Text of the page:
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A comparative analysis of ABE Bachelor of Science programs in European and US Universities
Published by the American Society of Agricultural and Biological Engineers, St. Joseph, Michigan www.asabe.org
Citation: Paper number 131594010, 2013 Kansas City, Missouri, July 21 - July 24, 2013. (doi: http://dx.doi.org/10.13031/aim.20131594010) @2013
Authors: Francisco Ayuga, José M. Fuentes-Pardo, Álvaro Ramírez-Gómez, Ana I. García-García, Pedro J. Aguado Rodríguez
Keywords: University studies ABE Agricultural & Biological Engineering EHEA.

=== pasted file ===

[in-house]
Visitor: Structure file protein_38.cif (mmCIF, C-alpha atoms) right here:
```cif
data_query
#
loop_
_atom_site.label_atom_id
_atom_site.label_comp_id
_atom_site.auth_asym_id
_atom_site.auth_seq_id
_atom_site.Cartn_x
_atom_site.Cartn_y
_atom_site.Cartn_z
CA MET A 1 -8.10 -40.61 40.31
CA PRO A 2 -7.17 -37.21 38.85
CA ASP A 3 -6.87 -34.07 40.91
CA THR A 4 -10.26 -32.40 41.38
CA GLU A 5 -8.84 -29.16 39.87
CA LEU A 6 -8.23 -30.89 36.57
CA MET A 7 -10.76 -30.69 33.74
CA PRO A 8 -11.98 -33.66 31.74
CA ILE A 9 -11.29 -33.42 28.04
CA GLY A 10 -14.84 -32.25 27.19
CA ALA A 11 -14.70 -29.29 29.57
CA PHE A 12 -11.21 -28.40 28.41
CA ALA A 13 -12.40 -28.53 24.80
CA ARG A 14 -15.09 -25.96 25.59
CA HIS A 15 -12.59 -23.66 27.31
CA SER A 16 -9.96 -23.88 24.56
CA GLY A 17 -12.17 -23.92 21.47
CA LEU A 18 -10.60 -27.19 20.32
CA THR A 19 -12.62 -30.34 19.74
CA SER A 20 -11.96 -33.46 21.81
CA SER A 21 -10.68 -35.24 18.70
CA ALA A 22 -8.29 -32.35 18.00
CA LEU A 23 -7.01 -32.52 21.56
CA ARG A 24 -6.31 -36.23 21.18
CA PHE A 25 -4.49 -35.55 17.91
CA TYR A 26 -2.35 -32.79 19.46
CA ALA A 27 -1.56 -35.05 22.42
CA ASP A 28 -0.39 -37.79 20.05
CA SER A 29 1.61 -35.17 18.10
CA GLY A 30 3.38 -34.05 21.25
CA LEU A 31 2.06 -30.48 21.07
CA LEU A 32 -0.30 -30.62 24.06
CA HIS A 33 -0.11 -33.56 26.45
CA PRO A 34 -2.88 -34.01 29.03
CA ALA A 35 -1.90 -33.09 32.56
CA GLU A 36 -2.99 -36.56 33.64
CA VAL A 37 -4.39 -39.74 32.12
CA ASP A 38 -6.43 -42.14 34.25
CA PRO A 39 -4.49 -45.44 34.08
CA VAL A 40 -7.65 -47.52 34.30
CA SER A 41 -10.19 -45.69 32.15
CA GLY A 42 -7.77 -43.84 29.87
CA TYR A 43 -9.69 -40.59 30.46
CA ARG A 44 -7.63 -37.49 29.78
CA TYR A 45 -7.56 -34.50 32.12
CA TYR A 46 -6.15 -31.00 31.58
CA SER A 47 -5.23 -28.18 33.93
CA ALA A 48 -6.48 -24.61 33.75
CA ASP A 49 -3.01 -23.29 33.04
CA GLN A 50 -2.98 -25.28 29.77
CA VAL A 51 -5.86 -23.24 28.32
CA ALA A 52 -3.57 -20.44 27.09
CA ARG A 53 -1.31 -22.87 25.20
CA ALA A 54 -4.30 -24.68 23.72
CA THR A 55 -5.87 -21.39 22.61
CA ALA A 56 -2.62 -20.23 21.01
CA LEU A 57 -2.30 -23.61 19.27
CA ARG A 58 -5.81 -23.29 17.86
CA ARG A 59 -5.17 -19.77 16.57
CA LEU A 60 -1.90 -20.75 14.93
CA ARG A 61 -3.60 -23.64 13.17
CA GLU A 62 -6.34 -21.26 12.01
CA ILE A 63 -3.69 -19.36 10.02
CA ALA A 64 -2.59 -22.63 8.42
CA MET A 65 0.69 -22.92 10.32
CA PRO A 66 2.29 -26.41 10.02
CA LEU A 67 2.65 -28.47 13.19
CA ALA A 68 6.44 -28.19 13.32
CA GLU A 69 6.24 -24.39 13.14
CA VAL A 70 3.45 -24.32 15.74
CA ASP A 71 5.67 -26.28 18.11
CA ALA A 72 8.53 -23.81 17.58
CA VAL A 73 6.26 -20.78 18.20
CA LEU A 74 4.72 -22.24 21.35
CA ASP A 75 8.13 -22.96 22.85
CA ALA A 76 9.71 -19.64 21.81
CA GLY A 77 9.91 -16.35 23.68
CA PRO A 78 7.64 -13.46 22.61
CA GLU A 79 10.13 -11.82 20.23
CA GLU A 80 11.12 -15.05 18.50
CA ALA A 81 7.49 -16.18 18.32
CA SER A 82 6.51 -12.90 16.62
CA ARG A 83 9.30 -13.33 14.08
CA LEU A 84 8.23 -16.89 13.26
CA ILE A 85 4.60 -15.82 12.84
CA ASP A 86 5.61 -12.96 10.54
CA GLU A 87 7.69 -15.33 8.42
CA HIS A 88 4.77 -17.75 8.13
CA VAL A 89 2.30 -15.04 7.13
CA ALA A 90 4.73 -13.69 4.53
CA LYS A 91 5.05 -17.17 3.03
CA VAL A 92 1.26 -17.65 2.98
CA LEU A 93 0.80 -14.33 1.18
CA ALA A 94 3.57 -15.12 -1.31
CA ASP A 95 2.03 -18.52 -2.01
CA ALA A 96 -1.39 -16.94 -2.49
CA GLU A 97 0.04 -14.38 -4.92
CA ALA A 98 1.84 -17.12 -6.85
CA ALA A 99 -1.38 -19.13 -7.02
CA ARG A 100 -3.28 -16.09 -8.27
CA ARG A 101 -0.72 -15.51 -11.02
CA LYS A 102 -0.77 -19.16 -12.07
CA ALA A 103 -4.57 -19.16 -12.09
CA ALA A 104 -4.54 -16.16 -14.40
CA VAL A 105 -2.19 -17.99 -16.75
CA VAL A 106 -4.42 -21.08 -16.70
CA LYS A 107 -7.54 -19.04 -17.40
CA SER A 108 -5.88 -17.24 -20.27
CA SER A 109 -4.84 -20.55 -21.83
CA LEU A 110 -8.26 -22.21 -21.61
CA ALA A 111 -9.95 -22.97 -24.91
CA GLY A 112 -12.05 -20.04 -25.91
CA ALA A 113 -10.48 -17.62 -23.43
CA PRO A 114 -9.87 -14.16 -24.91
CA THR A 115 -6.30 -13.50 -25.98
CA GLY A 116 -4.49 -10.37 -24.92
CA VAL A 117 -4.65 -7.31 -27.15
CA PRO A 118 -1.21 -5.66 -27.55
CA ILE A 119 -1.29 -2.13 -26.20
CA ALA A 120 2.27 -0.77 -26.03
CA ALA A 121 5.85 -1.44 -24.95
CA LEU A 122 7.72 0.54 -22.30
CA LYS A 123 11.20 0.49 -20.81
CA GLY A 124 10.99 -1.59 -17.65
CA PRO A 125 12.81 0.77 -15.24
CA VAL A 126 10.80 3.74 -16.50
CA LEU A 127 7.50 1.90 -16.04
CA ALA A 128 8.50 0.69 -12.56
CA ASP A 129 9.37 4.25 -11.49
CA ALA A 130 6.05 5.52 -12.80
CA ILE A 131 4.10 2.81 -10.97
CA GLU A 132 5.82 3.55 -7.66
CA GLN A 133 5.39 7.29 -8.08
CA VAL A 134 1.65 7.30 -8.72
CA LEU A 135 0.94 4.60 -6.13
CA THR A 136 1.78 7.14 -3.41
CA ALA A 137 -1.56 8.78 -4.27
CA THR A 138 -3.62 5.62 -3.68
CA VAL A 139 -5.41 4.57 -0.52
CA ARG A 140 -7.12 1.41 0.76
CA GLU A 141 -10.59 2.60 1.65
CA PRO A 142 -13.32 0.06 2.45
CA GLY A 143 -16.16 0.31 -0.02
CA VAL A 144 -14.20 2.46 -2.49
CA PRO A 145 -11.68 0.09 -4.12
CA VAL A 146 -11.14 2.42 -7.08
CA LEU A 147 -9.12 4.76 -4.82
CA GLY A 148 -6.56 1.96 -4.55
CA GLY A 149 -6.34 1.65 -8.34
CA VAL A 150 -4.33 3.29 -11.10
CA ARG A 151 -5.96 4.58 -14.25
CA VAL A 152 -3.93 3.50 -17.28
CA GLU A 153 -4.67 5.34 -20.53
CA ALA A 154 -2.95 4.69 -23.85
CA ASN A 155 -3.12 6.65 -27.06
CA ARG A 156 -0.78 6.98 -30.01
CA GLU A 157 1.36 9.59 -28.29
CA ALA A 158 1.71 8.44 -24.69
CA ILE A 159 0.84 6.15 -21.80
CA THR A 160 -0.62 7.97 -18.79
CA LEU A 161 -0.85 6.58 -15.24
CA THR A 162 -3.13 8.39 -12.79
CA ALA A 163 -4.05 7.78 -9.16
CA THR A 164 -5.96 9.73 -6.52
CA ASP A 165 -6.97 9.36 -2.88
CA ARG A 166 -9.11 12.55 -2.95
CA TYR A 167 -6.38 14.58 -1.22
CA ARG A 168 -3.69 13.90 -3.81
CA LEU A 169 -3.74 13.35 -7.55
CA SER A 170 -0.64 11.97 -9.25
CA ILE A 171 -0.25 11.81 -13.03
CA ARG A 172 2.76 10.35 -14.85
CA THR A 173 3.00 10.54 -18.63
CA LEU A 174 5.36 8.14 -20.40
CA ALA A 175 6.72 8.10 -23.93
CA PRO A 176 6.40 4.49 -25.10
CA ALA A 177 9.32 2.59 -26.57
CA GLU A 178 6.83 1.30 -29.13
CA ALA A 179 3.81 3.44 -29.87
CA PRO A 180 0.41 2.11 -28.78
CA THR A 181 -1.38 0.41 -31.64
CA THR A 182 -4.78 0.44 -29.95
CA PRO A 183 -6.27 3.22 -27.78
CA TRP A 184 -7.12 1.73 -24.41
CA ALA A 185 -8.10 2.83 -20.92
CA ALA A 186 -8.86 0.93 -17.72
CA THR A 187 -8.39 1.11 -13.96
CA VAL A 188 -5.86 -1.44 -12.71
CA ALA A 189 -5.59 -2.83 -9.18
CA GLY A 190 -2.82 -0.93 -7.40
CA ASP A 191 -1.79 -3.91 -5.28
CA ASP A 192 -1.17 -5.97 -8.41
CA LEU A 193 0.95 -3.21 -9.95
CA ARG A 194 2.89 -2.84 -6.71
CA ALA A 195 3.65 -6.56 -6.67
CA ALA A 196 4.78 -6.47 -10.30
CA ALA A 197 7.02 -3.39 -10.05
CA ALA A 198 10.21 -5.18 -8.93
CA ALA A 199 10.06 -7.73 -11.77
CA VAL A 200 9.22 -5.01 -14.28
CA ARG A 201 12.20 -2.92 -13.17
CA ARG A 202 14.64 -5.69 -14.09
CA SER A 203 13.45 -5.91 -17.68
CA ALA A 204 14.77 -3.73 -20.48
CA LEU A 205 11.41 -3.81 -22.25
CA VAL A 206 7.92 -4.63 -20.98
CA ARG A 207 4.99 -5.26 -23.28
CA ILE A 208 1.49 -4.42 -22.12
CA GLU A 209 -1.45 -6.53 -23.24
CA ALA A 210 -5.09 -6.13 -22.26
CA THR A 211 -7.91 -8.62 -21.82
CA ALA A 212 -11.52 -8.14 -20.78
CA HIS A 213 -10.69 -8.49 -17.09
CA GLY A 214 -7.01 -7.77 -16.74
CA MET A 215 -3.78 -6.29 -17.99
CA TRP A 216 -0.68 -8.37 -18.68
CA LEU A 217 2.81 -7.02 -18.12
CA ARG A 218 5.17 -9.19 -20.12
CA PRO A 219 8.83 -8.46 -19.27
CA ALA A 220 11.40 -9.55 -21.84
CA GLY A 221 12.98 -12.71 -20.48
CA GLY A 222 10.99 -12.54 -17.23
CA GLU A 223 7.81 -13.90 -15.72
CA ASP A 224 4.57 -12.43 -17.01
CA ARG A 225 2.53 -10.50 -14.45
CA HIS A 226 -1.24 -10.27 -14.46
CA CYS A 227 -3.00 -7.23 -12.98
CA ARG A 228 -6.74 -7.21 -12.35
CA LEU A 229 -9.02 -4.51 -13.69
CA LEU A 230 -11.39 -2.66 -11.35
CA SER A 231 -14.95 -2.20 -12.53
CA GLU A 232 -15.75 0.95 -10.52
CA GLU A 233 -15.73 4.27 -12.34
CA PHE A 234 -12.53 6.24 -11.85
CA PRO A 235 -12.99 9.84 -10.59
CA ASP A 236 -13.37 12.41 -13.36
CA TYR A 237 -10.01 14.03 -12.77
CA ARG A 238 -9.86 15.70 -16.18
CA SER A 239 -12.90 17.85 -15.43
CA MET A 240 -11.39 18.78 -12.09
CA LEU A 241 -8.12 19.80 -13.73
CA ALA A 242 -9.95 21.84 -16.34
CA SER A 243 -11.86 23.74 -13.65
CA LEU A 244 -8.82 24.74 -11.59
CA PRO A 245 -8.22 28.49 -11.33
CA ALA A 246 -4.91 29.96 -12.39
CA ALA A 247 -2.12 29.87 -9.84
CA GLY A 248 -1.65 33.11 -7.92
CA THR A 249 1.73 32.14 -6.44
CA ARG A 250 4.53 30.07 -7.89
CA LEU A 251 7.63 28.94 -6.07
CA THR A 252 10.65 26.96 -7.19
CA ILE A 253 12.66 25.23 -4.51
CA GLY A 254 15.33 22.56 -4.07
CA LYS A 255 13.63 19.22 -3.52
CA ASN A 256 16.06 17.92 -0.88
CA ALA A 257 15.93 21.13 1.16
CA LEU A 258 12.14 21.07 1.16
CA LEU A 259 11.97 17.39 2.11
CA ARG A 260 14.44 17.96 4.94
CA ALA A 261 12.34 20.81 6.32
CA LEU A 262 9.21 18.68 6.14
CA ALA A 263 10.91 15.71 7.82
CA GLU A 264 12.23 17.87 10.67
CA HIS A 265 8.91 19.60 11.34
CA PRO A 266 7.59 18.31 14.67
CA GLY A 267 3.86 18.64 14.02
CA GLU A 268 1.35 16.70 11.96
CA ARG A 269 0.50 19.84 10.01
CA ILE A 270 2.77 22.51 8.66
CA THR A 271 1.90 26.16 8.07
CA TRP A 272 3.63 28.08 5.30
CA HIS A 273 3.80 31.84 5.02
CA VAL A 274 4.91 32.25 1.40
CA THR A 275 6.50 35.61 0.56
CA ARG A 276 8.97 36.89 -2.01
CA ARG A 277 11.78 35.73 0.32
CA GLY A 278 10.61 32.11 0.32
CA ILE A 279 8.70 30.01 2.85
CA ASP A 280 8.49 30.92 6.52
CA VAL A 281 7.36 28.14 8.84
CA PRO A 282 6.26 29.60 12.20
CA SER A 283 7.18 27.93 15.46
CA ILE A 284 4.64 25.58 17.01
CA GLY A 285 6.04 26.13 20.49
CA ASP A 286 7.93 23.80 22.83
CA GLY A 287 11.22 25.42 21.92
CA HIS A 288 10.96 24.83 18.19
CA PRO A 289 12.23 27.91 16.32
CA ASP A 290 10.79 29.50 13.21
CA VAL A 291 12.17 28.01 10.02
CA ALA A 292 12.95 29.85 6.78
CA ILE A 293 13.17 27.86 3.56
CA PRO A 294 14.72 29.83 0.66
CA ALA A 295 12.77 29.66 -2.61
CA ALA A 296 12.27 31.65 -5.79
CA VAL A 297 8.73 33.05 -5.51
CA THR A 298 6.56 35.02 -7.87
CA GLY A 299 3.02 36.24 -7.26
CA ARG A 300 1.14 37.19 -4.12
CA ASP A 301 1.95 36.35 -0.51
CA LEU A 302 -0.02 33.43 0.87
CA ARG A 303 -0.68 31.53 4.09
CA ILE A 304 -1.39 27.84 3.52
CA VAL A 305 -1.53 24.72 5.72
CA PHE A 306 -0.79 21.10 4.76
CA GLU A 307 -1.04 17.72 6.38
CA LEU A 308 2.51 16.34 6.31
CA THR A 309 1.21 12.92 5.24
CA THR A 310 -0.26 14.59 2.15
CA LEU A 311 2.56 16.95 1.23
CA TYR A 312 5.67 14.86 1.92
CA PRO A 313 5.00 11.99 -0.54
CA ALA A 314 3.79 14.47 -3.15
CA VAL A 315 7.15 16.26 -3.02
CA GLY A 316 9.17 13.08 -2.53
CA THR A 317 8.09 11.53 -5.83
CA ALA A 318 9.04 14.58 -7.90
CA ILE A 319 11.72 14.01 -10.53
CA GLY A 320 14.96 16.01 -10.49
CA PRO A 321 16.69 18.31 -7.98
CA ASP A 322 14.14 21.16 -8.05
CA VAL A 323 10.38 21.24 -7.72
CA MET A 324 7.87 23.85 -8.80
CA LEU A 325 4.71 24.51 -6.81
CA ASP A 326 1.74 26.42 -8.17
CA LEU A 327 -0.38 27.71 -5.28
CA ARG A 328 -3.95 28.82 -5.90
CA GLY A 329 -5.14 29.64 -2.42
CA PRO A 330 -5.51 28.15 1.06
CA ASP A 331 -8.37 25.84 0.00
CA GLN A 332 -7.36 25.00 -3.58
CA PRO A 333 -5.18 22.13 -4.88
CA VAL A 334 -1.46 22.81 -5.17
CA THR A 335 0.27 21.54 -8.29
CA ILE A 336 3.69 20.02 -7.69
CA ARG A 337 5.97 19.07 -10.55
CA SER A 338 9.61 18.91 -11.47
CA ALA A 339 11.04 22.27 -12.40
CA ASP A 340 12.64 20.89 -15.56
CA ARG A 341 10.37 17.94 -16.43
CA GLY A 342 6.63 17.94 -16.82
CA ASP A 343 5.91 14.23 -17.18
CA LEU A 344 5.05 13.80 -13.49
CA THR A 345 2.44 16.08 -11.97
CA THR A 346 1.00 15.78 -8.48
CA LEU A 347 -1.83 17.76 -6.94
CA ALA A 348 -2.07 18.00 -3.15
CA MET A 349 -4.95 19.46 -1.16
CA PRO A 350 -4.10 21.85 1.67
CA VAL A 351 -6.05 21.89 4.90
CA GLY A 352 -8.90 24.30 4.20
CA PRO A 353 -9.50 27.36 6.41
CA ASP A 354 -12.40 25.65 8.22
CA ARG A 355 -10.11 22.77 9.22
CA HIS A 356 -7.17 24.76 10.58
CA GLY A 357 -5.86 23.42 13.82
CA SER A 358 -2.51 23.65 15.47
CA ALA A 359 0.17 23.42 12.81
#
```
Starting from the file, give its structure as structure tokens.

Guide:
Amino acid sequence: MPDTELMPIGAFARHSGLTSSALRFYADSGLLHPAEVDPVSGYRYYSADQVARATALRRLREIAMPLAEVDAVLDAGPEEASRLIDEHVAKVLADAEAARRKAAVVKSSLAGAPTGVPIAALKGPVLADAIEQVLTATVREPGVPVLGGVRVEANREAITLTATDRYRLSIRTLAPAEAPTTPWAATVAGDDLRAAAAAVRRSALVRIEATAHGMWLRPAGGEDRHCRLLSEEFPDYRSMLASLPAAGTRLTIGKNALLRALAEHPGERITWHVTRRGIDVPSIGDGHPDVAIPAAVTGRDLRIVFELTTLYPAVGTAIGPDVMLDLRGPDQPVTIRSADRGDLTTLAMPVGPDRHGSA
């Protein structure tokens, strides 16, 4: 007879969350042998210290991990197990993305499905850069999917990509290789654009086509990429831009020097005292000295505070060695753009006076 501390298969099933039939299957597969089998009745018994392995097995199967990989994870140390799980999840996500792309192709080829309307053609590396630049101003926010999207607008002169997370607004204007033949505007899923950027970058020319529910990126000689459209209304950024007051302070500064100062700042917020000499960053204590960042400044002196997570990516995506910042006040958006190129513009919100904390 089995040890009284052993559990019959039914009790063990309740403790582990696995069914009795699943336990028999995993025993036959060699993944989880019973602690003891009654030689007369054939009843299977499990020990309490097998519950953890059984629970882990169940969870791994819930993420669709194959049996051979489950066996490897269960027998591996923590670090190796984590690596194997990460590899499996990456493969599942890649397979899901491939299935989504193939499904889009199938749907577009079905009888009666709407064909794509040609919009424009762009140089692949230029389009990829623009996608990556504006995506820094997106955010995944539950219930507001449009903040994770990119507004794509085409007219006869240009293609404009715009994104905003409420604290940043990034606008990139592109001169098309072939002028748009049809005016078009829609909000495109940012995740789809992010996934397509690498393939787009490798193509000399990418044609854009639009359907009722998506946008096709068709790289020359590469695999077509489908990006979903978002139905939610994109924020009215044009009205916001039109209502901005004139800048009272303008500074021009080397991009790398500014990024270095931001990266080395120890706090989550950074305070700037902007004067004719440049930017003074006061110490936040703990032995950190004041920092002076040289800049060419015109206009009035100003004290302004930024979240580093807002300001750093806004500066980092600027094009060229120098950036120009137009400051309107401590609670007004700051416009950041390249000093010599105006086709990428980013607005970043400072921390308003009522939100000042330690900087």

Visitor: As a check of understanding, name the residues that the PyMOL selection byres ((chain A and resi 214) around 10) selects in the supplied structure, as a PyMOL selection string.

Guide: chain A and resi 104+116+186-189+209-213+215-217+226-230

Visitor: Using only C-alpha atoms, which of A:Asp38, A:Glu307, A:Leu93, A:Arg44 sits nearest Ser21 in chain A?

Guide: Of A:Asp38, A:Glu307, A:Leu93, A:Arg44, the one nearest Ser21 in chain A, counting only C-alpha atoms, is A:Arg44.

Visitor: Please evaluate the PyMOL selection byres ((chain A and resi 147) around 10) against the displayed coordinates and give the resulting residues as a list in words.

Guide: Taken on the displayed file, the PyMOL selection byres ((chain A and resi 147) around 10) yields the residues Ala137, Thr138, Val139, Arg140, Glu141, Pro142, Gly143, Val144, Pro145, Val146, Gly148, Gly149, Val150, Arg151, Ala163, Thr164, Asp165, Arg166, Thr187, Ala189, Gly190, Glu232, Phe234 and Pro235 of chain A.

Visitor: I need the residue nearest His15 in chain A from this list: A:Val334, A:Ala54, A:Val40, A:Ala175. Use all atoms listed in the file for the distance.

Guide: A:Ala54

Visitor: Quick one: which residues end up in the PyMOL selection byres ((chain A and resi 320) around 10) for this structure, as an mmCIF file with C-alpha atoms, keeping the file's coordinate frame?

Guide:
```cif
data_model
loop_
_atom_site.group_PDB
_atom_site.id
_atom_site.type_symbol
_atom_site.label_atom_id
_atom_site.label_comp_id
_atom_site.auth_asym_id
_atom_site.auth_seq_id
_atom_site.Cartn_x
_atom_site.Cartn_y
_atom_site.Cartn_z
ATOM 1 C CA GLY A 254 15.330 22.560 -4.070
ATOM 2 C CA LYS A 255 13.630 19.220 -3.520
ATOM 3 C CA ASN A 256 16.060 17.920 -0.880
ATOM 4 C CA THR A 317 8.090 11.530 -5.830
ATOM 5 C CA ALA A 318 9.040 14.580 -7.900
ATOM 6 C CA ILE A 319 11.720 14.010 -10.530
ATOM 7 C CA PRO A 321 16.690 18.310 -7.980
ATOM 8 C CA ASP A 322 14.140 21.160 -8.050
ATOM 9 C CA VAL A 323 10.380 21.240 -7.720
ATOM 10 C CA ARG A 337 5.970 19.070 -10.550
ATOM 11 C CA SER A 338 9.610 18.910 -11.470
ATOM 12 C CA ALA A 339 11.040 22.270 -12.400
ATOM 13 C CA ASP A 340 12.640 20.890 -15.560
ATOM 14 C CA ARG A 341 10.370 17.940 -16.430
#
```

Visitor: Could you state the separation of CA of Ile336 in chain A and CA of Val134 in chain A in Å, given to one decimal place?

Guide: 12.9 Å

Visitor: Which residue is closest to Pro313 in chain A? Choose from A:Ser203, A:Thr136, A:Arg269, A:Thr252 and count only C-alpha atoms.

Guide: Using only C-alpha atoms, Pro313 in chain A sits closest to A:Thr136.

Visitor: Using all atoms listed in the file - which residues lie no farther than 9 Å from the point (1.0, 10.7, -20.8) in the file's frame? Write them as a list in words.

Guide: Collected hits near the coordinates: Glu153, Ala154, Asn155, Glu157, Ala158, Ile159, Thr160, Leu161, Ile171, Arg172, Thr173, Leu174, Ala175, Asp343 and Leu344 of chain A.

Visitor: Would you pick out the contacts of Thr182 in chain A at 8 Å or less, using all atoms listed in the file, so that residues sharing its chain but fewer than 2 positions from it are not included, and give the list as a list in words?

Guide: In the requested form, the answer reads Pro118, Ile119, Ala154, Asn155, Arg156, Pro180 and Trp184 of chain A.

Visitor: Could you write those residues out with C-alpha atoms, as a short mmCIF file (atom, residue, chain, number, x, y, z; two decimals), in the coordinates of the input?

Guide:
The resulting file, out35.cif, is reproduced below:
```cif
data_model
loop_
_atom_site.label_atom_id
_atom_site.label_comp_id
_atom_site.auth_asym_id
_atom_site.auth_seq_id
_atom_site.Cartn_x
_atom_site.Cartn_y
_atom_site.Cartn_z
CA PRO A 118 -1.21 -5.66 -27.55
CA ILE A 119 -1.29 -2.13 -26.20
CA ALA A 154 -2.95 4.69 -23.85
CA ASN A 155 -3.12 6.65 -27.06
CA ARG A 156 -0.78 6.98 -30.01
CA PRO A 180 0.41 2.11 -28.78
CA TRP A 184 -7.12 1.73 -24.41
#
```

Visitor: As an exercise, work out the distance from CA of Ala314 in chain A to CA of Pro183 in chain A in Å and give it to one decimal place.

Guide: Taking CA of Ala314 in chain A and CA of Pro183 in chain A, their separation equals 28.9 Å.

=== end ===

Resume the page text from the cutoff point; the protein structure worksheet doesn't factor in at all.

Abstract. European Universities are involved in series of great changes regarding teaching and education organization during the last few years. The origin of these changes is the creation of the so-called European Higher Education Area (EHEA), which main target is to harmonize the different University studies throughout Europe. As a consequence, most of the programs of studies in all degrees are suffering changes in order to converge to common structures. Taking advantage of the actual process, some European universities are moving from traditional Agricultural Engineering programs to a more wide discipline named recently as Biosystems Engineering, which is a science-based engineering discipline that integrates engineering science and design with applied biological, environmental and agricultural sciences, broadening in this way the area of application of Engineering sciences not strictly to agricultural sciences, but to the biological sciences in general, including the agricultural sciences. This paper presents a comparative study of different Bachelor of Science degrees offered by American and European Universities in the field of Agricultural/Biosystems Engineering. To carry out the analysis 40 programs accredited by ABET in American Universities and 50 European programs. Among other questions, the total number of credits, the number of semesters, the kind of modules and the distribution of subjects in groups (Basic Sciences, Engineering Fundamentals, Agricultural/Biological Sciences, Humanities & Economic Sciences, Applied Agricultural/Biological Engineering and electives) are discussed in the paper. The information provided can be an useful starting point in future definitions of new or renewed degrees with the aim of advancing in internationalization of the programs and helping studentâ€™s mobility.
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